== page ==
Xiang-Rong Xu, Rong-guo Fu, Li-Ya Wang, Ning Wang, Fan Zhang, Fang Le, Lei Li, Le-Jun Li, Xiao-Zhen Liu, Ying-Ming Zheng, Hang-Ying Lou, Shi-Wen Jiang, Xiao-Ming Zhu, Yi-Min Zhu, He-Feng Huang and Fan Jin Pages 1764 - 1771 ( 8 )
Worse reproductive health in the men born through intracytoplasmic sperm injection (ICSI) or other assisted reproductive techniques (ART) has been reported in many studies. However, owing to the interference of genetic and environmental factors, it is difficult to identify whether ICSI method would affect male reproductive health. Therefore, ART mouse models were established in this study. Besides semen quality, serum testosterone and histological analysis of testes, 6 paternally expressed imprinted genes were chosen to detect their expressions and methylation levels in testes of adult F1 and F2 mice. Although the phenotypic abnormalities weren’t found, Kcnq1ot1, Mest, Peg3, Plagl1 and Snrpn in ICSI group showed lower expressions than those in naturally conceived (NC) group. The expressions of Kcnq1ot1, Peg3 and Snrpn in in vitro fertilization (IVF) conceived mice was lower than those in controlled ovarian hyperstimulation (COH) conceived mice, but higher than those in ICSI mice. Most differences between NC and ICSI group and between IVF and ICSI group were also represented in F2 generations. During the methylation analysis, no matter there was significant difference between compared groups, the changing trends of methylation level were almost opposite to their corresponding gene expressions. These results indicated that the differential expressions of paternally expressed genes occurred in testes of ICSI mice, which may be mediated by methylation modification. Both ICSI procedure and mechanical stimulation can induce intergenerational transmission of the epigenetic changes. In vitro culture and mechanical stimulation were the main factors inducing the down regulation of paternally expressed imprinted genes in testes.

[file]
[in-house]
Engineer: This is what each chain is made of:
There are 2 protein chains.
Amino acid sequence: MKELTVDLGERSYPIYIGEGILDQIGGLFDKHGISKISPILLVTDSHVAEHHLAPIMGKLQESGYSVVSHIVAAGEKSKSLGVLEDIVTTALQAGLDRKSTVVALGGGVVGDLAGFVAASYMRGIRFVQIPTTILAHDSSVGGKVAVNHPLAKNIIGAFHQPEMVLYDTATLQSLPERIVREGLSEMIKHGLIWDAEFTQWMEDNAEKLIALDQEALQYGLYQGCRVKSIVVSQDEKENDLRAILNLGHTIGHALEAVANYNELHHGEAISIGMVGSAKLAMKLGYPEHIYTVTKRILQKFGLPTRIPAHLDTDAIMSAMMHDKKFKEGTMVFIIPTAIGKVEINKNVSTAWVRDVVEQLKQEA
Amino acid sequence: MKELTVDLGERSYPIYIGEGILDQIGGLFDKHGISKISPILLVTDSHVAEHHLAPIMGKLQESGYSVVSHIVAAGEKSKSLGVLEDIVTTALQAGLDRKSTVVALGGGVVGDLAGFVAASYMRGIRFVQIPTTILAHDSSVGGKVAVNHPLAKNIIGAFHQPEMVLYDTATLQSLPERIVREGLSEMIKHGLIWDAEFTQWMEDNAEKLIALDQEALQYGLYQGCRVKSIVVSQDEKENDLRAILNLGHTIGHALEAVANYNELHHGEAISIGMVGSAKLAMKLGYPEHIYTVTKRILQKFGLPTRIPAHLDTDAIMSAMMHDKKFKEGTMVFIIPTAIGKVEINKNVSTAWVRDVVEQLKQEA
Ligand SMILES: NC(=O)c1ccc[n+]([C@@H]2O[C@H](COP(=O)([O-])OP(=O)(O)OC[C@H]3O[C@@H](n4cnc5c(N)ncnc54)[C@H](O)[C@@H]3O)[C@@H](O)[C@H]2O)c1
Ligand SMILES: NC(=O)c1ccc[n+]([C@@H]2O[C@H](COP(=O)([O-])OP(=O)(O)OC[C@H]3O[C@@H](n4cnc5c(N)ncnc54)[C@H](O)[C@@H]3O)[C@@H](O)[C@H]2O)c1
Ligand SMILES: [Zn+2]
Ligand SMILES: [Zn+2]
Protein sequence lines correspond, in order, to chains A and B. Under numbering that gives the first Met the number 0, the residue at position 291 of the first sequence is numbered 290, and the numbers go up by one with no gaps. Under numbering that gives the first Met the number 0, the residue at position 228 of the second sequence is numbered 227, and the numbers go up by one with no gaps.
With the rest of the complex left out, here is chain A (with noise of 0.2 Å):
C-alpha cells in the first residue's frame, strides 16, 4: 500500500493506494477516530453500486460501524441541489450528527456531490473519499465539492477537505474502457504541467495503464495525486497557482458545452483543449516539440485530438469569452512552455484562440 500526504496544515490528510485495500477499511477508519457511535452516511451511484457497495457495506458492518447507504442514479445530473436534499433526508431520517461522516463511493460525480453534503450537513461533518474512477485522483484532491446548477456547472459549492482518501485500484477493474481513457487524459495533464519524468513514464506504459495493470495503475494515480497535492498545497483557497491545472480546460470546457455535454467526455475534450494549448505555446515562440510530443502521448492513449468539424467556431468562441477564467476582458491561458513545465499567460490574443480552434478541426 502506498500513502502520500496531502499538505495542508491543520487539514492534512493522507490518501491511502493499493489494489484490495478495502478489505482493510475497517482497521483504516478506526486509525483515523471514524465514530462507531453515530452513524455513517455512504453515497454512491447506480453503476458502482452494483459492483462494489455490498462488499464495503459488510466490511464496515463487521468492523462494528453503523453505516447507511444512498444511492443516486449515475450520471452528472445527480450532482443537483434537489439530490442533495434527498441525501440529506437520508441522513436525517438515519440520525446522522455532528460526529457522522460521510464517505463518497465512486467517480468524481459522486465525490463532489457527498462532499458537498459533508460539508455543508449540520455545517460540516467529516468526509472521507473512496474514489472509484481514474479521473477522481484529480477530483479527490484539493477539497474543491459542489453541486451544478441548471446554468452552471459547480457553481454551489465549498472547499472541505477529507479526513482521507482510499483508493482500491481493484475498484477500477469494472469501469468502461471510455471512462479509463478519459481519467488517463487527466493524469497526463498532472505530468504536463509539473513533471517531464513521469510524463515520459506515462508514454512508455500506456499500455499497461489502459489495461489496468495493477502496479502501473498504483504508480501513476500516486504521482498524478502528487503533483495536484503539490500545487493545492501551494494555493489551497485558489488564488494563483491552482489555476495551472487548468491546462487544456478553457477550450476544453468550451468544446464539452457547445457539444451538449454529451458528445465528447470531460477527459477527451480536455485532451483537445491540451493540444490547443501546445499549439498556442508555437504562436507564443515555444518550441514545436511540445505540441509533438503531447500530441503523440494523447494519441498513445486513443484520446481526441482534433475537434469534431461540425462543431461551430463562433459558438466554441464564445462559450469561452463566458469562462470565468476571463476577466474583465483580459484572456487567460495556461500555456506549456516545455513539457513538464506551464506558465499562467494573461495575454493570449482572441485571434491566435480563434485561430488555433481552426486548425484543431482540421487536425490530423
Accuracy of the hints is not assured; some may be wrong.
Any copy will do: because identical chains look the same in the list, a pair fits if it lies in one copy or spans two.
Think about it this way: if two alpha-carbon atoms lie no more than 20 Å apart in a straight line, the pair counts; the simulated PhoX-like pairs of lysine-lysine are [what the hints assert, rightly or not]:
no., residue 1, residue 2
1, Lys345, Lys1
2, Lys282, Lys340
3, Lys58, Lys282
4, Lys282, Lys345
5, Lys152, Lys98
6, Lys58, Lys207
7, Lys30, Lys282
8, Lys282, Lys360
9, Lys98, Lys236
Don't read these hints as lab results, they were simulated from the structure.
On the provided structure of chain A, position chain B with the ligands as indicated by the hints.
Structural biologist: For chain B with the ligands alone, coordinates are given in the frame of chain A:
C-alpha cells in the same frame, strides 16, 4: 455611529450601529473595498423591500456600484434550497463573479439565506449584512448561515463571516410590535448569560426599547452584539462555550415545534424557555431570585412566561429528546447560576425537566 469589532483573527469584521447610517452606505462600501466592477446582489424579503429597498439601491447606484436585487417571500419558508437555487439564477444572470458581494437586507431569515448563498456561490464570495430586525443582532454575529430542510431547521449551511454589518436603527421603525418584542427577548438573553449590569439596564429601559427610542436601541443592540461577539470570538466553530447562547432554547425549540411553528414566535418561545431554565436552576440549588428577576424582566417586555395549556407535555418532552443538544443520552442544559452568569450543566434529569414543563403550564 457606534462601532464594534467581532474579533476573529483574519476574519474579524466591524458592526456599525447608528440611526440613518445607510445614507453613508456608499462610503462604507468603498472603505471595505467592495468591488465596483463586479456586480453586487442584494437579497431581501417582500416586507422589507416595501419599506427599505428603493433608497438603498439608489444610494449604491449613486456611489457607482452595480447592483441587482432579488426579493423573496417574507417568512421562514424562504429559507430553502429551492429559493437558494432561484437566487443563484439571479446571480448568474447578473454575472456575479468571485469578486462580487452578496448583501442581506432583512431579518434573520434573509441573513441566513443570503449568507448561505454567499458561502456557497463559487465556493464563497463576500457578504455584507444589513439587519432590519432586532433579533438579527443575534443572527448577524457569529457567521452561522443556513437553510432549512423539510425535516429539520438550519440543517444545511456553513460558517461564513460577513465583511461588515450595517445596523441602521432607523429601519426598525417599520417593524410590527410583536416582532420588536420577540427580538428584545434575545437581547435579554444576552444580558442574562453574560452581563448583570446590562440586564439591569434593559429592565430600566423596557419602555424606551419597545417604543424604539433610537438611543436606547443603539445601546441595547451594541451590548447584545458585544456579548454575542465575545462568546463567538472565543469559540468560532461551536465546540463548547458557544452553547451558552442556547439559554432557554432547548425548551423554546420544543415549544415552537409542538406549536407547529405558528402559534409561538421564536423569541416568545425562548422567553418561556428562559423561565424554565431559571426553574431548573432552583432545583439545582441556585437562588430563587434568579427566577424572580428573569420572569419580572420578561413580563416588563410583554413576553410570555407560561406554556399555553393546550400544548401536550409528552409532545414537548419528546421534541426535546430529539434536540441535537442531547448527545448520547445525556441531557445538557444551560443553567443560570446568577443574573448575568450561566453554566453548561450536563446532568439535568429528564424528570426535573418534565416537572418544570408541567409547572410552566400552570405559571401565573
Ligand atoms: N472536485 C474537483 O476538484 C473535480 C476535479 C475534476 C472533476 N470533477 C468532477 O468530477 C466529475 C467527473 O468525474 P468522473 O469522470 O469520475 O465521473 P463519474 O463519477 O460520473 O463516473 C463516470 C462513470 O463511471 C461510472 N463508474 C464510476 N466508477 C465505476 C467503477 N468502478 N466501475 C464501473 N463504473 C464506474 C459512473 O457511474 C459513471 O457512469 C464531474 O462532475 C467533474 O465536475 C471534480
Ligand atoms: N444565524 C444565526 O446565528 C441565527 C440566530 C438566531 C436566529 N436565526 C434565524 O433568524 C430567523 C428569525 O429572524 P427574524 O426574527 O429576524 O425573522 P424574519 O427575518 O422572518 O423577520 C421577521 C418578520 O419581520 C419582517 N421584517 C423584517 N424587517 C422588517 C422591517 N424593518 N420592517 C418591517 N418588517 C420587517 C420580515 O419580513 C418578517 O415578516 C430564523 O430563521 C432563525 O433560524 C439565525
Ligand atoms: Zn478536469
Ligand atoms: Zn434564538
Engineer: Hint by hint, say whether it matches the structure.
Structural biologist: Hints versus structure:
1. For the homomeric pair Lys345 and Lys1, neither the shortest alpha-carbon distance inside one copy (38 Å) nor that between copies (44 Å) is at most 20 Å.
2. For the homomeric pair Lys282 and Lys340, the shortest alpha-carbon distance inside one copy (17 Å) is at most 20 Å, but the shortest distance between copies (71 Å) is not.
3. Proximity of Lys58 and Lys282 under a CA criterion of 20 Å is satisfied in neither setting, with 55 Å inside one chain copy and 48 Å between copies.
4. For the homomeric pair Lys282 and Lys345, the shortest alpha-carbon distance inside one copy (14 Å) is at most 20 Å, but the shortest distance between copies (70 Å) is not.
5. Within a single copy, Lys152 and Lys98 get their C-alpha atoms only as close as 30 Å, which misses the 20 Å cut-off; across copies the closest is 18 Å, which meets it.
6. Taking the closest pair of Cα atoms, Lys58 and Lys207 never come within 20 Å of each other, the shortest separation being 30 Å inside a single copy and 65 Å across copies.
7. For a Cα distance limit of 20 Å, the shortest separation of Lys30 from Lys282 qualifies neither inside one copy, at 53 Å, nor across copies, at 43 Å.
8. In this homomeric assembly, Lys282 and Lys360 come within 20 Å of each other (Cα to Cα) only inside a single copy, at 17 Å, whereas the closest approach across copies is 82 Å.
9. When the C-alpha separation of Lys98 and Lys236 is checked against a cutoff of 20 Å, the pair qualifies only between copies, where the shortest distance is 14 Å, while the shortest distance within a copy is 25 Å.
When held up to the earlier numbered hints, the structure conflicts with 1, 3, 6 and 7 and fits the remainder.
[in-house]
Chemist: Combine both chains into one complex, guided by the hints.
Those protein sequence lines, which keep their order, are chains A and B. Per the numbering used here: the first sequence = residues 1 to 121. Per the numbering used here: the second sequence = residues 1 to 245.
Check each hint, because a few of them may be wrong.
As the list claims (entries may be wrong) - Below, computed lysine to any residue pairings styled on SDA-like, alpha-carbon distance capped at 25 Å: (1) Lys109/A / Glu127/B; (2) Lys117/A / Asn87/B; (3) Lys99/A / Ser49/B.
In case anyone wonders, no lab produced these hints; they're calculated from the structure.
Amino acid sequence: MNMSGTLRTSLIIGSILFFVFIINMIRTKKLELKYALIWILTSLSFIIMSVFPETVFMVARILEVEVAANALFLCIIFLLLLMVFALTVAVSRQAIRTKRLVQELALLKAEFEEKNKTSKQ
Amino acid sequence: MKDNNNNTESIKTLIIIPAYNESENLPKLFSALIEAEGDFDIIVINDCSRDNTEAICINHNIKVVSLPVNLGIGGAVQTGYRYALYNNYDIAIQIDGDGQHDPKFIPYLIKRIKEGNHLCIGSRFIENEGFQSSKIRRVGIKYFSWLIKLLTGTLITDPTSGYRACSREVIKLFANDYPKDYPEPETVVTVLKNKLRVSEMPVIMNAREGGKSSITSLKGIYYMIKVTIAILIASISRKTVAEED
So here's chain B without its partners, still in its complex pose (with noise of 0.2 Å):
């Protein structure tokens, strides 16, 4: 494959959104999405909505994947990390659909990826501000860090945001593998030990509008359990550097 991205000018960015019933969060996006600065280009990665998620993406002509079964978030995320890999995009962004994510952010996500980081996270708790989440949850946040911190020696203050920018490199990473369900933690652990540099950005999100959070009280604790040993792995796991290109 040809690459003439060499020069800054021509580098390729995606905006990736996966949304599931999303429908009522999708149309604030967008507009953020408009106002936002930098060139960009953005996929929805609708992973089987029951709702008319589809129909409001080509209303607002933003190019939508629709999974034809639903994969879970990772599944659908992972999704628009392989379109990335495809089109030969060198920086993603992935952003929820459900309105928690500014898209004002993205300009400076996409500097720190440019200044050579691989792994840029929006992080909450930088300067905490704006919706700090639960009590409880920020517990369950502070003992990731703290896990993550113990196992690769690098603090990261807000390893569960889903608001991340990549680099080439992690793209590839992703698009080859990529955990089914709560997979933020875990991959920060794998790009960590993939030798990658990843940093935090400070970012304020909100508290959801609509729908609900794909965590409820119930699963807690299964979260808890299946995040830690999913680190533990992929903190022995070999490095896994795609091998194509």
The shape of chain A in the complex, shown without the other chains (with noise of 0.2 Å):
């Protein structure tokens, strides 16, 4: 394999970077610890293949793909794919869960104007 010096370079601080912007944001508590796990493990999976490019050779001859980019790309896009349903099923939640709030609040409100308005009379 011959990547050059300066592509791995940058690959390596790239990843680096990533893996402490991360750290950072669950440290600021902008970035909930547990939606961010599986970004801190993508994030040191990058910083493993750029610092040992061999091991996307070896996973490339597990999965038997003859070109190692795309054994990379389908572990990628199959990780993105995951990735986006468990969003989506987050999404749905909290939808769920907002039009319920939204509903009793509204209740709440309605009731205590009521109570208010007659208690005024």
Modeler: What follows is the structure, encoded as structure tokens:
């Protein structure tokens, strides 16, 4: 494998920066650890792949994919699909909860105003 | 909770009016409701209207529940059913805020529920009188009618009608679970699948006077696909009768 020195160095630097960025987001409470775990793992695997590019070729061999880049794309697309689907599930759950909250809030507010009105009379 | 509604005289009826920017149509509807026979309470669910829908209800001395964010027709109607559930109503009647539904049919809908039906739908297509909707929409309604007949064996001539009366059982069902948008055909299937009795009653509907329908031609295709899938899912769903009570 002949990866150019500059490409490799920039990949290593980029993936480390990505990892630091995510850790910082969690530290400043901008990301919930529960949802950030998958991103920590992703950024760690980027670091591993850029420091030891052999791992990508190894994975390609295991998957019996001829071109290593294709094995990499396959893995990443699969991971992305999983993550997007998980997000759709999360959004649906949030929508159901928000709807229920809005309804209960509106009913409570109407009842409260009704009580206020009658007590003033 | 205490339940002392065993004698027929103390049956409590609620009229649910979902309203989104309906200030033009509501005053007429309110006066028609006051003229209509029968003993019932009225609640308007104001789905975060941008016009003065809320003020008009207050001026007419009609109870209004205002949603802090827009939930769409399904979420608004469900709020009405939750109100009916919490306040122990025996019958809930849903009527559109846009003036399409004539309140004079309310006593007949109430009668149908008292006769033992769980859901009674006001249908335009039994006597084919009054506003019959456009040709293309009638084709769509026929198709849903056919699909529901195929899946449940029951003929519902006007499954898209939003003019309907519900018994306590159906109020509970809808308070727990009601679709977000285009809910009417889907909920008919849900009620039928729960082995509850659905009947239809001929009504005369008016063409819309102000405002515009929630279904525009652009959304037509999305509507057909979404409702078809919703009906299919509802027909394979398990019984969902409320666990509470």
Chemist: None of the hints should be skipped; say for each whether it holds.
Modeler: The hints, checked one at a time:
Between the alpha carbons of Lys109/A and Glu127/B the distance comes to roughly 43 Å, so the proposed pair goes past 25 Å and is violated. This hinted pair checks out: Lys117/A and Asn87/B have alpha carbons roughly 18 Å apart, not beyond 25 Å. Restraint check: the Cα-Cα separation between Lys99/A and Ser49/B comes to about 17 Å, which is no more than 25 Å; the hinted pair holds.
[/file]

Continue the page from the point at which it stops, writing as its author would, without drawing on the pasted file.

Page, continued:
Intracytoplasmic sperm injection, testis, epigenetic inheritance.
, , , , , , , , , , , , , , , Centre of Reproductive Medicine, Women’s Hospital, School of Medicine, Zhejiang University, Hangzhou 310006, China.